Phantom Power CD
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SUPER FURRY ANIMALS Phantom Power (2003 UK 14-track CD including the single Hello Sunshine picture sleeve)
After a fan-baiting two year gap since the 2001 release of Rings Around The World, Super Furry Animals' long-awaited follow-up arrives. But was the wait worthwhile?
Well, naturally Wales' most consistently remarkable band rarely disappoint on record. Phantom Power is SFA's sixth album proper (discounting 1998's stopgap Out Spaced, a collection of b-sides and rarities). And if you were expecting the creative juices to be running a little dry by now, you could barely be more wrong.
Produced by the band, Phantom Power keeps a much lower profile than RATW. Whereas once they were technicolour, now they've gone back to basics. Phantom Power is, for the most part, awash with pedal steel, acoustic guitars and vocal harmonies.
Seasoned Furrywatchers should be warned: initial impressions are not great. There are few obvious singles, for example, and a couple of songs - "Valet Parking", "Cityscape Skybaby" - feel like lazy throwaways.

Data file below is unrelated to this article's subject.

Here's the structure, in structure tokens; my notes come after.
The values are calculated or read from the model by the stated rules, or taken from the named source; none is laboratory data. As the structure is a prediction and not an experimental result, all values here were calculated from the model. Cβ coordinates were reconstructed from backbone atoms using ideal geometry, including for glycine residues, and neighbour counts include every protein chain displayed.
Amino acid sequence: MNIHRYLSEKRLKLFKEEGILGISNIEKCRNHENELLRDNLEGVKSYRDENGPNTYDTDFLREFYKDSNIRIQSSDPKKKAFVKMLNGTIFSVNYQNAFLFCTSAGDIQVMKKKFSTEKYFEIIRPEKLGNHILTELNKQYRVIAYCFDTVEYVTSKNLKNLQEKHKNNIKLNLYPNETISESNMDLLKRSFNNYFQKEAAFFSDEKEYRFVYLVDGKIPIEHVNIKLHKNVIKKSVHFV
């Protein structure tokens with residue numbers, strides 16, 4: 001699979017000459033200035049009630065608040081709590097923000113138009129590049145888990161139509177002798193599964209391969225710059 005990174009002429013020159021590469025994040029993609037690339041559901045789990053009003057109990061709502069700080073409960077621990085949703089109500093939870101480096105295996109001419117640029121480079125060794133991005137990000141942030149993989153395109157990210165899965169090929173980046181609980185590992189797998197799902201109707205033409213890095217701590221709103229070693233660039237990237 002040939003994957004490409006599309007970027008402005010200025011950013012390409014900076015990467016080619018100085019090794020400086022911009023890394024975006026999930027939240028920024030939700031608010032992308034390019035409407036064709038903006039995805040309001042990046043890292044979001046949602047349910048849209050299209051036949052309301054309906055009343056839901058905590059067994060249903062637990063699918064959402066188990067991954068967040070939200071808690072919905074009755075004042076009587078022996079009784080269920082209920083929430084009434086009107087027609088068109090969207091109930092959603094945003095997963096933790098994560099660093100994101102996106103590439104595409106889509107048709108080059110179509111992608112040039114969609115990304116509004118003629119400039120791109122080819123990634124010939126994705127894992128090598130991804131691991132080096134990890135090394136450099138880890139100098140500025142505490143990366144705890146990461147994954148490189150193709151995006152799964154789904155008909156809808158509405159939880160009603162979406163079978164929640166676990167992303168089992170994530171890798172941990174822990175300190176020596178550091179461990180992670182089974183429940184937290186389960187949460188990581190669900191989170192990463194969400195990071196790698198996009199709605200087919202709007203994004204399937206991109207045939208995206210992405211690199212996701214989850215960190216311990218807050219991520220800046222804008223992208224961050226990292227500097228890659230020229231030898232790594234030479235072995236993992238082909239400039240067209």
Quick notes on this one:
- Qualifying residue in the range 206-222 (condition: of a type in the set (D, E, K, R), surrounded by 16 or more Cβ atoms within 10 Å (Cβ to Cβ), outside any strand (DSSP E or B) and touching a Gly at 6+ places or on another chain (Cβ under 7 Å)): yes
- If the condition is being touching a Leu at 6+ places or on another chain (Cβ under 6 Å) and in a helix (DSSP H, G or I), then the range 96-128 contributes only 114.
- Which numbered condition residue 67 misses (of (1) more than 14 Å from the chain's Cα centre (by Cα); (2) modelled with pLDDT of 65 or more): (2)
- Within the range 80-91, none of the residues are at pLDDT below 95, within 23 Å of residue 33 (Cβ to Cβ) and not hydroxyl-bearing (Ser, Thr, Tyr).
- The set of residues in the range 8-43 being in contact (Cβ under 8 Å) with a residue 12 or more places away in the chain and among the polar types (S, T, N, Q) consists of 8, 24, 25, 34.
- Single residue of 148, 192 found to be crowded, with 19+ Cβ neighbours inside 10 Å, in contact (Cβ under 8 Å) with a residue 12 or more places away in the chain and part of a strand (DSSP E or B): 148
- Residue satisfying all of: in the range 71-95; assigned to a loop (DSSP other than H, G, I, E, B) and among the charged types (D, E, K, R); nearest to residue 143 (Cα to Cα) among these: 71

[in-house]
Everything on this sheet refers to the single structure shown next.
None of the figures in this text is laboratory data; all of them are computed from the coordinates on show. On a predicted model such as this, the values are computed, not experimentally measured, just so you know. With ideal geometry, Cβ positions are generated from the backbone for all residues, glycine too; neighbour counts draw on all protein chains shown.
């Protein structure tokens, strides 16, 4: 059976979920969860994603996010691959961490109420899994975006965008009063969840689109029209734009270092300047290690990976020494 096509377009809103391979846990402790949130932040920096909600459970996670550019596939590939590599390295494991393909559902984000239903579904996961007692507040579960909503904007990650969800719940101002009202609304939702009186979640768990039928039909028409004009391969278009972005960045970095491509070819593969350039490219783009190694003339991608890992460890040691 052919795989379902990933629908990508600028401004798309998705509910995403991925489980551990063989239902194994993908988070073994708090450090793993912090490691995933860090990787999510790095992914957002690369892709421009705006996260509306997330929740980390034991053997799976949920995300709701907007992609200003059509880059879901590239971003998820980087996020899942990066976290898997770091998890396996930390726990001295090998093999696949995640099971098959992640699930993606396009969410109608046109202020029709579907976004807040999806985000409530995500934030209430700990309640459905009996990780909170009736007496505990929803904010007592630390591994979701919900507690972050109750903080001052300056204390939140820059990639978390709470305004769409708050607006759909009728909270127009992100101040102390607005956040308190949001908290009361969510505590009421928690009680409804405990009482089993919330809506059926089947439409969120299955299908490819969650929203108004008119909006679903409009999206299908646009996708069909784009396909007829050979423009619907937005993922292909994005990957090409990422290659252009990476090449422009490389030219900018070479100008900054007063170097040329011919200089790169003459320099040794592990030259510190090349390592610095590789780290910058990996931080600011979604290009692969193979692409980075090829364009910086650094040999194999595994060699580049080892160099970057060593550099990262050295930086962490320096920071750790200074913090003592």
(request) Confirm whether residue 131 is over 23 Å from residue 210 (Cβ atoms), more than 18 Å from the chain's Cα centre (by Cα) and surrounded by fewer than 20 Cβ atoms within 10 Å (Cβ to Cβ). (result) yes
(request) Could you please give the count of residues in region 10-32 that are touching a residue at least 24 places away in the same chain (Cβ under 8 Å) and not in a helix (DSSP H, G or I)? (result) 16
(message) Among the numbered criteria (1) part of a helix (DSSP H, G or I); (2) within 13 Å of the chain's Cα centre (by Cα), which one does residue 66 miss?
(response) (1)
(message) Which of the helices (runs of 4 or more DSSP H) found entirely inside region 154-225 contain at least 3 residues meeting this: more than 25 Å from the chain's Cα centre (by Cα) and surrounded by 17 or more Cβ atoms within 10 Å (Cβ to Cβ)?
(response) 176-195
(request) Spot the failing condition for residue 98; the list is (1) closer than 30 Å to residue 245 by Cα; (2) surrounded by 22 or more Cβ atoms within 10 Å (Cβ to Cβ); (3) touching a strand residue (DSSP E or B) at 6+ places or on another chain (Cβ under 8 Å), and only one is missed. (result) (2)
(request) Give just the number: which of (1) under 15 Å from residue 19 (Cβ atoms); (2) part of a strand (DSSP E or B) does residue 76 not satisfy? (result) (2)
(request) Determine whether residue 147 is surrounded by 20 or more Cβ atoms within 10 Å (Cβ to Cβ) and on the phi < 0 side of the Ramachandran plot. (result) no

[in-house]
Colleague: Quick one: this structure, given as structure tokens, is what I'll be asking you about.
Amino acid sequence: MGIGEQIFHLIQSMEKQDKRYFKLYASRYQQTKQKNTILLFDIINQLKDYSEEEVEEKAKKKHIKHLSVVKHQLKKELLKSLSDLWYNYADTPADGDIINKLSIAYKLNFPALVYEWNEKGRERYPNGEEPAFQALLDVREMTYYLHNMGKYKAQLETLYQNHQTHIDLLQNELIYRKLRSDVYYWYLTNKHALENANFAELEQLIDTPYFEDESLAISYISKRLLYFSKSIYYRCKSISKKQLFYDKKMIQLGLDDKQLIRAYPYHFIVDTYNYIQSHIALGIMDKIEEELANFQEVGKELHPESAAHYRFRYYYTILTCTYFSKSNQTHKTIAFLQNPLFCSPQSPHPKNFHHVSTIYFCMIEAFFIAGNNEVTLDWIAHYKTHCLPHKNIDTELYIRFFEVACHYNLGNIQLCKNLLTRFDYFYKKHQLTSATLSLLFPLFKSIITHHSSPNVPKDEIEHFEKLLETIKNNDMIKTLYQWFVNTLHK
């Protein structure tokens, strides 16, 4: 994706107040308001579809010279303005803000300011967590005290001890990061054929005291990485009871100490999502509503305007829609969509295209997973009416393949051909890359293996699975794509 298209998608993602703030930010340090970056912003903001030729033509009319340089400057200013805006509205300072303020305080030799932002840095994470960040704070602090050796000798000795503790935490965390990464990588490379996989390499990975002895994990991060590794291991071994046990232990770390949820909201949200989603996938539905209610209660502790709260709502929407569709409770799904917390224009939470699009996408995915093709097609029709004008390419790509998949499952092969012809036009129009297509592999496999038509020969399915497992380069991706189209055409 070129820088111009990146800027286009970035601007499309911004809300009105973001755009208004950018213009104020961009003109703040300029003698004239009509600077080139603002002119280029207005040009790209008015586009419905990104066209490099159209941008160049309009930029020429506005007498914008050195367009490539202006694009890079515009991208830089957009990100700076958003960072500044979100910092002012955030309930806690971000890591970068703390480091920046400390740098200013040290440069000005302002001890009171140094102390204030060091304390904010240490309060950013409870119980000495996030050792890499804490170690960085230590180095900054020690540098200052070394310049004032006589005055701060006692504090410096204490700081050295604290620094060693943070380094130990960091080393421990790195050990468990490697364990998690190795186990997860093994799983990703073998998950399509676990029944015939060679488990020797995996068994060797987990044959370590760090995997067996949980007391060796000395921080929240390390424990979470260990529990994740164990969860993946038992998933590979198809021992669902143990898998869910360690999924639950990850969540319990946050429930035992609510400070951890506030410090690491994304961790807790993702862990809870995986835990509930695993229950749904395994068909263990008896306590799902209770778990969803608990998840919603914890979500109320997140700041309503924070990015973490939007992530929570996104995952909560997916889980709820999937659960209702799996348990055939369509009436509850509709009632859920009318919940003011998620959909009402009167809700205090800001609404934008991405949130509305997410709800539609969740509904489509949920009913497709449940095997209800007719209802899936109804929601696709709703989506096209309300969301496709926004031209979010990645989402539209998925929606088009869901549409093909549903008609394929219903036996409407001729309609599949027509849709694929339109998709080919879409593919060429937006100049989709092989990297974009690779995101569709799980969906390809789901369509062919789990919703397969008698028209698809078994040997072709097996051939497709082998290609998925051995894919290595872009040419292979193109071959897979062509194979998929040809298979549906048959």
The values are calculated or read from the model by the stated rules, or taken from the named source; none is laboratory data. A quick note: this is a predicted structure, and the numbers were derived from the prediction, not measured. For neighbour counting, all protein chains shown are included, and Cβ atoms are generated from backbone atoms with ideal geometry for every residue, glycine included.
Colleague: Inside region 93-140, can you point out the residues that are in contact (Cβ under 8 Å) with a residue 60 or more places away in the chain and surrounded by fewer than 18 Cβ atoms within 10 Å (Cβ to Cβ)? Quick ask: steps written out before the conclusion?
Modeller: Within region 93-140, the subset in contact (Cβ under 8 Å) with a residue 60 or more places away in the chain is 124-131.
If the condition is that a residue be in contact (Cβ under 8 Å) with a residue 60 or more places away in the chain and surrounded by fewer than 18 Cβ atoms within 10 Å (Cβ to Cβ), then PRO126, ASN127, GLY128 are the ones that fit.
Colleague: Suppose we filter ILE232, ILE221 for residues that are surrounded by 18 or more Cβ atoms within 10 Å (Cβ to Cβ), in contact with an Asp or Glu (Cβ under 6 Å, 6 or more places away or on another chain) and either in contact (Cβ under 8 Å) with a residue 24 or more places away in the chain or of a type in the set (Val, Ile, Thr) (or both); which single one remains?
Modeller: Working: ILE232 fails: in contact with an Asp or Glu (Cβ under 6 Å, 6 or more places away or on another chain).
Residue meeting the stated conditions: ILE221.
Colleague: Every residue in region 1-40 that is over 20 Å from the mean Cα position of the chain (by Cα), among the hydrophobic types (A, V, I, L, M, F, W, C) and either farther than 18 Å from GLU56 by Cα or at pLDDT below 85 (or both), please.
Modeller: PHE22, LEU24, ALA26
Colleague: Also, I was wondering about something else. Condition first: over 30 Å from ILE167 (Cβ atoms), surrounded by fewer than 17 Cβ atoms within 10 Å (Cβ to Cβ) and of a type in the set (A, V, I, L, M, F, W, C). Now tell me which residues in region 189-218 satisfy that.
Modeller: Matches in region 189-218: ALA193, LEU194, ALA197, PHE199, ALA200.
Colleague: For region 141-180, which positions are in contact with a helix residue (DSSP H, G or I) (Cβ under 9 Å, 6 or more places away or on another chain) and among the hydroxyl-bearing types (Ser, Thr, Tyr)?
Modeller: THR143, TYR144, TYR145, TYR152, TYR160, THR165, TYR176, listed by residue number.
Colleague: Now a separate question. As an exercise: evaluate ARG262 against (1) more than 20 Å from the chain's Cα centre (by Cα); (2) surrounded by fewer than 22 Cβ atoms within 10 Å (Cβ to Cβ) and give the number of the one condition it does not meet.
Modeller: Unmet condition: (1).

However, repeated listening reveals hidden depths and delights aplenty. And, these being Super Furry Animals, a fair number of surprises are inevitably pulled out of the bag. Epic closer "Slow Life" is SFA's most successful mindrattling techno attempt so far. "The Piccolo Snare" begins dark and brooding with folk harmonies, before exploding into a sunshine crescendo before drifting off towards a Krautrock horizon, and Huw Bunford's "Sex, War & Robots" is an unexpectedly tender hymn to childhood that could melt the hardest of hearts.
Gruff Rhys' songwriting moves a step forward on Phantom Power, with playful story-based lyrics about turtles, mingers, ninjas and cabbages contrasting with lines about death, radiation and war. As Gruff says about "Venus & Serena", "I'm trying to get balladeering into my songs, but I don't think I've perfected it by any means, You can put this one down to my struggle with narrative!"
It's not the only instance of experimental songwriting on the album. Several songs, including the perfect Iggy rock of "Out Of Control" and - crucially - the two Father Father instrumentals, are based on a DADDAD open guitar tuning which recurs throughout the album.
But most notable is the tangible air of despondency that hangs over many of the songs. Phantom Power reflects the politically precarious times in which it was written: the fear of war and destruction is tangible, with plentiful references to body bags, oil wells, bombs and tarnished flags.